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Tawang Monastery, Bomdila

Tawang Monastery Overview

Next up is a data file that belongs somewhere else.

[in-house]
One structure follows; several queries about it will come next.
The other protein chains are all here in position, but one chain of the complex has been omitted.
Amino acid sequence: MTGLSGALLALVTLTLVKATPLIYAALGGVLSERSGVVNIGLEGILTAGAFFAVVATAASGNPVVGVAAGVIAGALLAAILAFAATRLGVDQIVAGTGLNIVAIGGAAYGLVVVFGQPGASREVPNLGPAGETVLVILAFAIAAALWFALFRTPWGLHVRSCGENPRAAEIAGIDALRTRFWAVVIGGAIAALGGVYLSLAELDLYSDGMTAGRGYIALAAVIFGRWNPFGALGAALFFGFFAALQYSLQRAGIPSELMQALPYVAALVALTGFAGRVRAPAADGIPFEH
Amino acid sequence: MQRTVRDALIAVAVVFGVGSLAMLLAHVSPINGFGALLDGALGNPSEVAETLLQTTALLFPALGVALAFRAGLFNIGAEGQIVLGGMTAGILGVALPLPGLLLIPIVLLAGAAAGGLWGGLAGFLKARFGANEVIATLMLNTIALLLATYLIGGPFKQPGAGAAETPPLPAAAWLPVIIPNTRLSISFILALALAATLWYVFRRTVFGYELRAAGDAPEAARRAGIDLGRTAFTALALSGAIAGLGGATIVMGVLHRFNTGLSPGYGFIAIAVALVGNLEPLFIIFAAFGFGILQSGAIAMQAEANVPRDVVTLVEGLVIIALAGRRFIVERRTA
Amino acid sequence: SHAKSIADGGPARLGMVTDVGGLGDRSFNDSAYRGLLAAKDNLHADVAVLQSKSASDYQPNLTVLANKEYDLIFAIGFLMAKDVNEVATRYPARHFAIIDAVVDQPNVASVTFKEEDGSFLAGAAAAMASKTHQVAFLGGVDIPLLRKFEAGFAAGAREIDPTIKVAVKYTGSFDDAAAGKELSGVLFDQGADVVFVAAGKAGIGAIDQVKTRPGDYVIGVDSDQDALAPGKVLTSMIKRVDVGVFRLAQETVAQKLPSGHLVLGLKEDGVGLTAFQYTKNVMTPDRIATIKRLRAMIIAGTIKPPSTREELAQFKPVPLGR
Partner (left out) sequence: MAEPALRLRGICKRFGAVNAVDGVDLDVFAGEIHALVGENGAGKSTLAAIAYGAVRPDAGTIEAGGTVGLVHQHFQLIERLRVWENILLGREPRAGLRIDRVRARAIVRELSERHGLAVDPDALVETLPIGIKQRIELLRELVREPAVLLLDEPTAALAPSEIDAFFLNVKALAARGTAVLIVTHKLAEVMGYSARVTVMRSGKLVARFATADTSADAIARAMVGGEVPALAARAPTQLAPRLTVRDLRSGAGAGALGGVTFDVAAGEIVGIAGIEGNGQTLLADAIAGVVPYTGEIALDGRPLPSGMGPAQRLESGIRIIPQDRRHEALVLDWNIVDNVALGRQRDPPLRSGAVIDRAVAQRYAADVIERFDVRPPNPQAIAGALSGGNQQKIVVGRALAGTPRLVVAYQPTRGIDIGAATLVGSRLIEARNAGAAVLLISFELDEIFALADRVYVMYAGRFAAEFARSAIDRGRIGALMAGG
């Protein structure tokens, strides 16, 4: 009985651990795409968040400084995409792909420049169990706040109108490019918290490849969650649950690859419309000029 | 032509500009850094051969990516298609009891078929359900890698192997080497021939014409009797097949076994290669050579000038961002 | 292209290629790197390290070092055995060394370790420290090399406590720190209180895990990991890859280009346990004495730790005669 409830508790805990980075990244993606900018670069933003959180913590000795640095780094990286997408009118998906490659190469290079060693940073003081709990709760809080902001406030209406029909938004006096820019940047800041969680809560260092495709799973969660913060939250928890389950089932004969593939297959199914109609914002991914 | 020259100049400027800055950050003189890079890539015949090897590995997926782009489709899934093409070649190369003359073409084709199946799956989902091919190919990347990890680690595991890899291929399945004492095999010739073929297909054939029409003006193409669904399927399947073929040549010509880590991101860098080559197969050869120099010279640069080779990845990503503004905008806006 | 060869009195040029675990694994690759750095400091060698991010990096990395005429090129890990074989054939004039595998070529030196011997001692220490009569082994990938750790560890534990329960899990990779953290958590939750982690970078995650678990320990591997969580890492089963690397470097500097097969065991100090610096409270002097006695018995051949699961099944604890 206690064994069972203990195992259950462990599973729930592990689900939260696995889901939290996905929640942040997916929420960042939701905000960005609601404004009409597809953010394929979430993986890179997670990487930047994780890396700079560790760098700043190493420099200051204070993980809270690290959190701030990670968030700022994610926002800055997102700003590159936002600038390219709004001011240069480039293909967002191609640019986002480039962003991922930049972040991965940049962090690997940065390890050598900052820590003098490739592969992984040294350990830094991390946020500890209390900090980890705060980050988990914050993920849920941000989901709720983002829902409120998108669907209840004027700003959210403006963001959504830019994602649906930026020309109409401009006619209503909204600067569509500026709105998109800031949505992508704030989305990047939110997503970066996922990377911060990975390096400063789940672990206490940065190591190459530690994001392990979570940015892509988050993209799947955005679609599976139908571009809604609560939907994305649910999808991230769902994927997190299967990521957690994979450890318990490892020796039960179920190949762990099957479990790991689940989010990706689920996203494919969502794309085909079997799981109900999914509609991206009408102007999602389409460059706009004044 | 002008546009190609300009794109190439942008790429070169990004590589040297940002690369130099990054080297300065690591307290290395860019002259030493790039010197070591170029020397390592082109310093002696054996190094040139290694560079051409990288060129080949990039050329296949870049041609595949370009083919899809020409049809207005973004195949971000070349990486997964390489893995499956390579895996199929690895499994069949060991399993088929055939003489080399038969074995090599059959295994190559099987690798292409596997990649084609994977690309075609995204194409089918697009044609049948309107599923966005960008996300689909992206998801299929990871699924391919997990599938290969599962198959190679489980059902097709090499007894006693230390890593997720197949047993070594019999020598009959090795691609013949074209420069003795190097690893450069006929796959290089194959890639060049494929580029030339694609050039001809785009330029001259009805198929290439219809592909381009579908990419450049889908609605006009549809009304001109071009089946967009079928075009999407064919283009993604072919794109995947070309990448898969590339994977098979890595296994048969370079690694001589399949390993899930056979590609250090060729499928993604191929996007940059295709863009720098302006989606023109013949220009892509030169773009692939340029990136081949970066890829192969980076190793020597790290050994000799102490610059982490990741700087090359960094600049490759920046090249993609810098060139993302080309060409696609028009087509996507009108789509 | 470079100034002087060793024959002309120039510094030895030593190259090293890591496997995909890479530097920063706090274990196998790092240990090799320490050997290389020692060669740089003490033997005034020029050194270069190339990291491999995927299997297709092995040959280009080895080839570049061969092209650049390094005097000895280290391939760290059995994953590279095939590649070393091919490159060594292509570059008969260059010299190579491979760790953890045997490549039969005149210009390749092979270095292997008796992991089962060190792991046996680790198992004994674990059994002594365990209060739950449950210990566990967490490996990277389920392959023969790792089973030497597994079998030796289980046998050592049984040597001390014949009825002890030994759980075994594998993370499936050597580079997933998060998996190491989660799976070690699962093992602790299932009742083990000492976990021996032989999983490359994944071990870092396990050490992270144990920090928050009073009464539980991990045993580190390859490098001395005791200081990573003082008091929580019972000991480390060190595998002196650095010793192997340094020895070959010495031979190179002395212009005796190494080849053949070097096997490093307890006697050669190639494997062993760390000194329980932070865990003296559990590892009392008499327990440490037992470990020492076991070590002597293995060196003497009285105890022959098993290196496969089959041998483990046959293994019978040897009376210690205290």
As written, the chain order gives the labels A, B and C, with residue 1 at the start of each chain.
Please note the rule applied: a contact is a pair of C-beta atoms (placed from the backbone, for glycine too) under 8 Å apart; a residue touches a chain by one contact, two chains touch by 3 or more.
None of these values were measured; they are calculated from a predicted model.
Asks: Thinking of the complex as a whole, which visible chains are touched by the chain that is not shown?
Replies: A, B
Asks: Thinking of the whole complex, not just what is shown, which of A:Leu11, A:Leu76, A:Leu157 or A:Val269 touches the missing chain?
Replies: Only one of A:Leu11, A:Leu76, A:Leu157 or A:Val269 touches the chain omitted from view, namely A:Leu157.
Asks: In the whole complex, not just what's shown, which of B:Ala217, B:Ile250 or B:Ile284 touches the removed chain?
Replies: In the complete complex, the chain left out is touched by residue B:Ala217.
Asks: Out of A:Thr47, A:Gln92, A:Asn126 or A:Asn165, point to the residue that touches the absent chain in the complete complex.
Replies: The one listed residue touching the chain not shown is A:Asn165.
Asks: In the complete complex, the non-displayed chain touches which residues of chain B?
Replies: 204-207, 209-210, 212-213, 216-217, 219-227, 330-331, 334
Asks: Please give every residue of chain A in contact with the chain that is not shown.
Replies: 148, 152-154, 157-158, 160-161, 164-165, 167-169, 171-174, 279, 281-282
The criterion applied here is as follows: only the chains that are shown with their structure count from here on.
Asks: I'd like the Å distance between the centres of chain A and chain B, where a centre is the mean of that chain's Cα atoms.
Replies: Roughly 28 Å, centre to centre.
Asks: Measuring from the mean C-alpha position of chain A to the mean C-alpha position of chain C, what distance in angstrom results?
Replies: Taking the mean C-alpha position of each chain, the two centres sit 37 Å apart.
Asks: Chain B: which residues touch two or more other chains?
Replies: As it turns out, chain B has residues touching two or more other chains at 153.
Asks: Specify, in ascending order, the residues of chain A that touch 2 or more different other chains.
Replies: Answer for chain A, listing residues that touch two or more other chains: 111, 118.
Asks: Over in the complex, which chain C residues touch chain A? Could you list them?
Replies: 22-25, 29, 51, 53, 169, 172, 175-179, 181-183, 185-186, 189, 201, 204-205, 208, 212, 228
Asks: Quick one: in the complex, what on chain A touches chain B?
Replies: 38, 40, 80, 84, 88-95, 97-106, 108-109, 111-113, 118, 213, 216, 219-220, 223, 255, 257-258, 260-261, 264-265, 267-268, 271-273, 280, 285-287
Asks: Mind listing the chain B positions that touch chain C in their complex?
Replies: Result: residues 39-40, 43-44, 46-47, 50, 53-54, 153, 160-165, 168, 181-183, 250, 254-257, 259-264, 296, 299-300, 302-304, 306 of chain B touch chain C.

A Picturesque Location Merak Lama Lodre Gyamtso founded the famous "Galden Namgyal Lhatse", popularly known as Tawang Monastery in the year 1860-61. The monastery stands on the spur of a hill, about 10,000 feet above sea level and has ravines in the south and west, narrow ridge on the north and a gradual slope on the east. It offers a commanding and picturesque view of the Tawang-Chu valley. From a distance it appears like a fort as if guarding the votaries in the wide valley below. Tawang monastery is the largest of its kind in the country and 2nd largest in Asia. Though it has the capacity for housing about seven hundred monks, the actual number of resident Lamas (Monks) at present is a little more than 300. This monastery is the fountainhead of the spiritual life of the people of this region. Approach And The Entrance The approach to the monastery is from the north along the ridge. Just near the entrance to the monastery there is a building housing the "Dung-Gyur Mani" from where the water is fetched for use in the monastery. To the south of it is the 'Kakaling', the entrance gate. The Kakaling is a hut-like structure with its two lateral walls made of stone. It serves as a gate. The ceiling the Kakaling is painted with Kying-khors (Mandalas). The inner walls are painted with mural of divinities and saints. After passing through the Kakaling there is a big gate further south which is without any door. Further south stands the main gate of the monastery, which is fitted with huge doors and is set in the northern wall of the monastery. The eastern wall starts from the open outer gate and encloses the entire eastern side of the monastery. It is about 925 feet long and the height varies from about ten to twenty feet. There is another gate near the southern and of this wall. It is fitted with a huge door. Near it there are two slits in the wall to see out through and for placing muzzle-loaded gun to fire upon the approaching enemy. A narrow path runs all along the outer side of the eastern wall connecting this gate with the Kakaling. It is said that the yarn given by the Vth Dalai Lama to Merak Lama enclosed the area bounded by the four walls. The Court A paved path runs from the main gate toward rear of the monastery and leads to a stone slabs court. Religious dances and outdoor ceremonies are held in this court. The entire eastern half of the monastery is covered with sixty residential quarters called "Sha"(hut) for housing the resident monks. Each of these dormitories has been constructed by a group of villagers on voluntary basis. They also carry out the repairs and are responsible for its maintenance. A three storied building stands on the western side of the court. It is the "Par-khang" (Library). All the Holy Scriptures including a long two-storied building flanks the southern side of the court. A part of this building is used as store for the provisions of the monks. The Dra-tsang buk and his entourage occupy the other part. A two storied building, on the eastern side of the court is called "Rhum-khang", which is used for cooking the food-offerings for the rituals as well as refreshments for the monks on ritual days. Assembly Hall - Dukhang The most imposing building of the monastery is the assembly hall known as "Dukhang". It is a three-storied building standing on the northern side of the court and houses the temple and the "Labrang" (The establishment of the Abbot). The inner walls of the Dukhang are painted with murals of various divinities and saints. The altar occupies the entire northern wall of the hall. On the left of the alter is the silver casket wrapped in silk containing the Thankas (also spelt as Tankas or Thangkas) of Goddess Sri Devi ("Palden Lhamo") the principal deity of the monastery, which was given to Merak Lama by the Vth Dalai Lama. The Thankas was painted with blood drawn from the nose of the Vth Dalai Lama. The said painting came to be known as "Ja-Droi-ma", which means it had warmth of a bird, which symbolized that the Thanka was of a living type. A colossal richly - gilded statue of Lord Buddha occupies the middle of the northern side. It is seated on a platform and its body, rising up, terminates in a huge head above the first floor. It is the largest image of the monastery and is about 26 feet high. A Buddhist Cultural Centre The monastery also has a Centre for Buddhist Cultural Studies where young monks are taught Arithmetic, English, and Hindi besides traditional monastic education. In brief, this monastery is simply awe-inspiring and majestic in its appearance and grandeur. A visit of Tawang Monastery is most spiritually refreshing experience. The Tawang Monastery also known as "Galden Namgyal Lhatse" was founded by Merak Lama Lodre Gyamtso in the year 1860-61 AD. The Tawang Monastery stands on the sart of hill, about 10,000ft above sea level and has ravines in the south and west, narrow ridge on the north and a gradual slope on the east. It offers an imposing and picturesque view of the Tawang -Chu valley. The monastery appears like a fort from a distance, as if guarding the admirers in the wide valley below. Tawang monastery in Arunachal Pradesh is the largest of its kind in the country and 2nd largest in Asia. The Tawang Moanstery has the capacity for housing about 700 monks, but, the actual number of resident Lamas (Monks) at present is a little more than 300. This monastery of Tawang in Arunachal Pradesh is the source of the spiritual life of the people of this region. The Structure of The Tawang Monastery Dukhang The Assembly Hall The most imposing building of the monastery is the assembly hall known as "Dukhang". It is a three-storied building standing on the northern side of the court and houses the temple and the "Labrang" (The establishment of the Abbot). The inside walls of the Dukhang are painted with murals of various divinities and saints. The altar covers the entire northern wall of the hall. To the left of the altar is the silver casket veiled in silk, holding the Thankas (also spelt as Tankas or Thangkas). These are the Thankas of Goddess Sri Devi ("Palden Lhamo") the main deity of the monastery, which was given to Merak Lama by the 5th Dalai Lama. The Thankas was painted with blood drawn from the nose of the 5th Dalai Lama. The painting came to be known as "Ja-Droi-ma", means, it had warmth of a bird, which symbolised that the Thanka was of a living type. A massive richly adorned statue of Lord Buddha stands in the middle of the northern side. The statue is seated on a platform and its body, rising up, ends up in a huge head above the first floor. It is the largest image of the monastery and is about 26 ft high. The Entrance of the Monastery The entrance to the monastery is from the north along the ridge. Just near the entrance to the monastery there is a building housing the "Dung-Gyur Mani" from where the water is fetched for use in the monastery. To the south of it is the 'Kakaling', the entrance gate. The Kakaling is a hut-like structure with its two lateral walls made of stone. It serves as a gate. The ceiling the Kakaling is painted with Kying-khors (Mandalas). The inside walls are painted with mural of divinities and saints. After passing through the Kakaling there is a big gate further south which is without any door. Further south stands the main gate of the monastery, which is fitted with huge doors and is set in the northern wall of the monastery. The eastern wall starts from the open outer gate and encloses the entire eastern side of the monastery. It is about 925 feet long and the height varies from about ten to twenty feet. There is another gate near the southern and of this wall. It is fitted with a huge door. Near it there are two slits in the wall to see out through and for placing muzzle-loaded gun to fire upon the approaching enemy. A narrow path runs all along the outer side of the eastern wall connecting this gate with the Kakaling. It is said that the yarn given by the Vth Dalai Lama to Merak Lama enclosed the area bounded by the four walls. The Court of the Monastery A paved path runs from the main gate toward rear of the monastery and leads to a stone slabs court. Religious dances and outdoor ceremonies are held in this court. The entire eastern half of the monastery is covered with sixty residential quarters called "Sha"(hut) for housing the resident monks. Each of these dormitories has been constructed by a group of villagers on voluntary basis. They also carry out the repairs and are responsible for its maintenance. A three storied building stands on the western side of the court. It is the "Par-khang" (Library). All the Holy Scriptures including a long two-storied building flanks the southern side of the court. A part of this building is used as store for the provisions of the monks. The Dra-tsang buk and his entourage occupy the other part. A two storied building, on the eastern side of the court is called "Rhum-khang", which is used for cooking the food-offerings for the rituals as well as refreshments for the monks on ritual days. The Centre for Buddhist Cultural Studies The monastery also has a Centre for Buddhist Cultural Studies, the place, where young monks are taught Arithmetic, English, and Hindi besides traditional monastic education. In brief, this monastery is simply amazing and majestic in its appearance and splendour. Journey to The Tawang Monastery There is no airport or railhead in Tawang. Tezpur is the closest place, which offers an airport. Staying near the Tawang Monastery Some accommodations are available at Tawang for the tourists. you may not come across luxury accommodations. Famous for its 400 year old Buddhist monastery. The monastery was founded by a monk, Mera Lama, a contemporary of the fifth Dalai Lama. Before the establishment of the Monastery, Tawang was a centre of Tantric religion. The Tawang Monastery is also known as the 'Galden Namgyal Lhatse'. Tawang predominantly a Buddhist centre appears as the last link with the civilization with its modern sloped houses, a thriving bazaar, satellite communication and all the other amenities of modern life.Beyond it lies the forbidden land of Tibet to the north, connected by the Bum La and Tulung La passes. 400 year old famous Buddhist Monastery locally called Gompa, PT.TSO lake, Sangester lake, Gorsham Chorten about 700 years old, Nuranang falls, Singsar Ani Gompa(a nunnery still being runs by nuns), Craft Centre producing very fine woolen carpets of colourful designs and marks etc. Ideal for Trekking and Hiking Festivals Lossar in February/March. Date to be fixed in consultation with Buddhist Calender. Clothing Heavy woolens in winter and light woollens in summer Tawang, the land of the Monpa tribes and a major centre of the Mahayana Buddhist is the headquarters of Tawang district. The township stands on the spur of a hill over 12,000 ft. above the sea level. Tawang is famous for its 400 years old Buddhist Monastery locally called Gompa which is the largest of it's kind in India and controls 17 Gompas in the region. The Tawang Monastery is associated with the famous Torgva festival which is held in the eleventh Monpa month called the Dawa Chukchipah(i.e Dec-Jan as per the Buddhist). Head-Priest of Tawang Monpa Tribe The Tibetan influence here is unmistakable, with the elaborately painted wooden windows and other motifs. Prayer flags flutter in the breeze outside. The most imposing part of the monastery is the three storied assembly hall which houses the temple and the 8 mtr. high gilded statue of Lord Buddha. A must visit is the craft centre which produces very fine woollen carpets of colourful designs and masks. On the way to Tawang lies the World's Second highest motorable pass, the Sela Pass at 14,000 feet which runs through a small ridge and along a placid lake called the Paradise lake, in India.